Kōans originate in the sayings and doings of sages and legendary figures, usually those authorized to teach in a lineage that regards Bodhidharma (c. 5th-6th century) as its ancestor. Kōans are said to reflect the enlightened or awakened state of such persons, and sometimes said to confound the habit of discursive thought or shock the mind into awareness. Zen teachers often recite and comment on kōans, and some Zen practitioners concentrate on kōans during meditation. Teachers may probe such students about their kōan practice using “checking questions” to validate an experience of insight (kensho) or awakening. Responses by students have included actions or gestures, “capping phrases” (jakugo), and verses inspired by the kōan.

As used by teachers, monks, and students in training, kōan can refer to a story selected from sutras and historical records, a perplexing element of the story, a concise but critical word or phrase (話頭 huà-tóu) extracted from the story, or to the story appended by poetry and commentary authored by later Zen teachers, sometimes layering commentary upon commentary.

English-speaking non-Zen practitioners sometimes use kōan to refer to an unanswerable question or a meaningless statement. However, in Zen practice, a kōan is not meaningless, and teachers often do expect students to present an appropriate response when asked about a kōan. Even so, a kōan is not a riddle or a puzzle. Appropriate responses to a kōan may vary according to circumstances; different teachers may demand different responses to a given kōan, and a fixed answer cannot be correct in every circumstance. One of the most common recorded comments by a teacher on a disciple’s answer is: “Even though that is true, if you do not know it yourself it does you no good.” The master is looking not for an answer in a specific form, but for evidence that the disciple has actually grasped the state of mind expressed by the kōan itself.

Thus, though there may be so-called “traditional answers” (kenjō 見処 or kenge 見解) to many kōans, these are only preserved as exemplary answers given in the past by various masters during their own training. In reality, any answer could be correct, provided that it conveys proof of personal realization. Kōan training can only be done with a qualified teacher who has the “eye” to see a disciple’s depth of attainment. In the Rinzai Zen school, which uses kōans extensively, the teacher certification process includes an appraisal of proficiency in using that school’s extensive kōan curriculum.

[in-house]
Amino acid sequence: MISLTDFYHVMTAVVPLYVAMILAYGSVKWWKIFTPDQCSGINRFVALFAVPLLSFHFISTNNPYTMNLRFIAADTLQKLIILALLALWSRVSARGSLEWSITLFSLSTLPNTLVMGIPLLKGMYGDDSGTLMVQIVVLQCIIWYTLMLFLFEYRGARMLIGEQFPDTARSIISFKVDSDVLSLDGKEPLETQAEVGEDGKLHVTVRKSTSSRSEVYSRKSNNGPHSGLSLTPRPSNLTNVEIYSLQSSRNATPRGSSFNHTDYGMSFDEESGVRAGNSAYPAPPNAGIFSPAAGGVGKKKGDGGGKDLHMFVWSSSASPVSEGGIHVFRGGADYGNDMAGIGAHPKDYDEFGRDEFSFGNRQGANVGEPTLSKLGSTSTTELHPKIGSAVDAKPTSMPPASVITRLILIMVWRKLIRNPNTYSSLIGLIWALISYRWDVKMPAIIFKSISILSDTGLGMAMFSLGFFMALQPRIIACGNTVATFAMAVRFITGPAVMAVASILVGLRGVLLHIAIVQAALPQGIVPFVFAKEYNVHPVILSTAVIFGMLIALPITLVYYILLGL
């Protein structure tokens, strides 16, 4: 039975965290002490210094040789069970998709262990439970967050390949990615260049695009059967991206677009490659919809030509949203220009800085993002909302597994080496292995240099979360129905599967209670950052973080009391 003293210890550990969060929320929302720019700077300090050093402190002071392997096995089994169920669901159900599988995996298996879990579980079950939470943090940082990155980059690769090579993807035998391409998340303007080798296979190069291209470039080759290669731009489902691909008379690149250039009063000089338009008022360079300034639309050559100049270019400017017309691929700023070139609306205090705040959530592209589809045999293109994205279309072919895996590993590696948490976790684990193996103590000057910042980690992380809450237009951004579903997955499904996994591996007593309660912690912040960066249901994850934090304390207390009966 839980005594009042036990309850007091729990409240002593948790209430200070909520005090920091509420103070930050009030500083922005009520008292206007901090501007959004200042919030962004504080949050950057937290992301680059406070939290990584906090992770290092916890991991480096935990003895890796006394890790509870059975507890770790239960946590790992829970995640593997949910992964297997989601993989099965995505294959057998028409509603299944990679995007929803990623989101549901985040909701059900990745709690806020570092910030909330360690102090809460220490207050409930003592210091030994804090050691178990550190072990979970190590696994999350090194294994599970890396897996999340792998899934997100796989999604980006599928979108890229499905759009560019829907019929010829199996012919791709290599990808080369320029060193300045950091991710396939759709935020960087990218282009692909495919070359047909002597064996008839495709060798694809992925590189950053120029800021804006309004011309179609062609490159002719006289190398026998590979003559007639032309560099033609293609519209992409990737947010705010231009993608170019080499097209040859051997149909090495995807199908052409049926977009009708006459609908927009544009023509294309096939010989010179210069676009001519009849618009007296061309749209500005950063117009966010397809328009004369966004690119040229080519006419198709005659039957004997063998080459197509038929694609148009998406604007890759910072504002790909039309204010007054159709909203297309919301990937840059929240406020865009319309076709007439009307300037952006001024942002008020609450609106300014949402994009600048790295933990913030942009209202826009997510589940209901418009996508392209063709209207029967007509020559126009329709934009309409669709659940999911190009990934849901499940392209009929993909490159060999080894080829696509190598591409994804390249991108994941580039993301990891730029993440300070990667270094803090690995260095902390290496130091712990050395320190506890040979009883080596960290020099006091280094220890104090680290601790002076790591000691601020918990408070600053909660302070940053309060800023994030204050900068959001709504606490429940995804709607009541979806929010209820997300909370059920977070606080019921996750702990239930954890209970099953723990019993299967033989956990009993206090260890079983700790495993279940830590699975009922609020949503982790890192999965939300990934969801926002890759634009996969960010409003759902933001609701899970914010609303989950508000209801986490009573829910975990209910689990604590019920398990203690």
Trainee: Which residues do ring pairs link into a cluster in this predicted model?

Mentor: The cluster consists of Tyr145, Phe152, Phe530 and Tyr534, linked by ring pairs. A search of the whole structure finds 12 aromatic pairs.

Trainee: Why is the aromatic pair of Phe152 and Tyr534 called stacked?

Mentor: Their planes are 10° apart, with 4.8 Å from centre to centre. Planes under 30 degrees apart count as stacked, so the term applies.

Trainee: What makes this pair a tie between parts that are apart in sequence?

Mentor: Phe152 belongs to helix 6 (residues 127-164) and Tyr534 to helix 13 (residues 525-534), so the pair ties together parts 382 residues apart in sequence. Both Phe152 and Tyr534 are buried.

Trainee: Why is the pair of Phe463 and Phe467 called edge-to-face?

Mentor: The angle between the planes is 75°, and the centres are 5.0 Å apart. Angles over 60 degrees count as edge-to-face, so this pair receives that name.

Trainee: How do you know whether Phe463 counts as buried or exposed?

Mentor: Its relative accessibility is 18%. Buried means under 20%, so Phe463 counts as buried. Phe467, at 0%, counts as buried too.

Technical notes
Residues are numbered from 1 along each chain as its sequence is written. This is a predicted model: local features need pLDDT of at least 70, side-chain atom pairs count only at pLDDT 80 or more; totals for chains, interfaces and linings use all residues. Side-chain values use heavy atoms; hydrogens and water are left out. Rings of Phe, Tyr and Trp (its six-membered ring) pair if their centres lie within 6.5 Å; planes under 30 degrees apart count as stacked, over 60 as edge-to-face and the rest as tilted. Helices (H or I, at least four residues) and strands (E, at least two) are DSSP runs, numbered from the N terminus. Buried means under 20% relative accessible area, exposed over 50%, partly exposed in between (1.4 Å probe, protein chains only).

A kōan or part of a kōan may serve as a point of concentration during meditation and other activities, often called “kōan practice” (as distinct from “kōan study”, the study of kōan literature). Generally, a qualified teacher provides instruction in kōan practice to qualified students in private. In the Wumenguan (Mumonkan), public case #1 (“Zhaozhou’s Dog”), Wumen (Mumon) wrote “…concentrate yourself into this ‘Wu’…making your whole body one great inquiry. Day and night work intently at it. Do not attempt nihilistic or dualistic interpretations.”

Arousing this great inquiry, or “Great Doubt” is an essential element of kōan practice. In an attempt to illustrate the enormous concentration required in kōan meditation, Zen Master Wumen further commented: “It is like swallowing a red-hot iron ball. You try to vomit it out, but you can’t.”

A kōan may be used as a test of a Zen student’s ability. For monks in formal training, and for some laypersons, a teacher invokes a kōan and demands some definite response from a student during private interviews.

Kōans are presented by teachers to students and other members of the community, often including the teacher’s unique commentary. A kōan may seem to be the subject of a talk or private interview with a student. However, a kōan is said to supersede subject-object duality and thus cannot necessarily be said to be the “subject” of such encounters. The dialog, lecture, or sermon may more resemble performance, ritual duty, or poetry reading.

Before the tradition of meditating on kōans was recorded, Huangbo Xiyun (720-814) and Yun Men (864-949) are both recorded to have uttered the line “Yours is a clear-cut case (chien-cheng kung-an) but I spare you thirty blows”, seeming to pass judgement over students’ feeble expressions of enlightenment. Xuedou Zhongxian (雪竇重顯 980-1052) — the original compiler of the 100 cases that later served as the basis for the Blue Cliff Record — used the term kung-an just once in that collection (according to Foulk) in Case #64.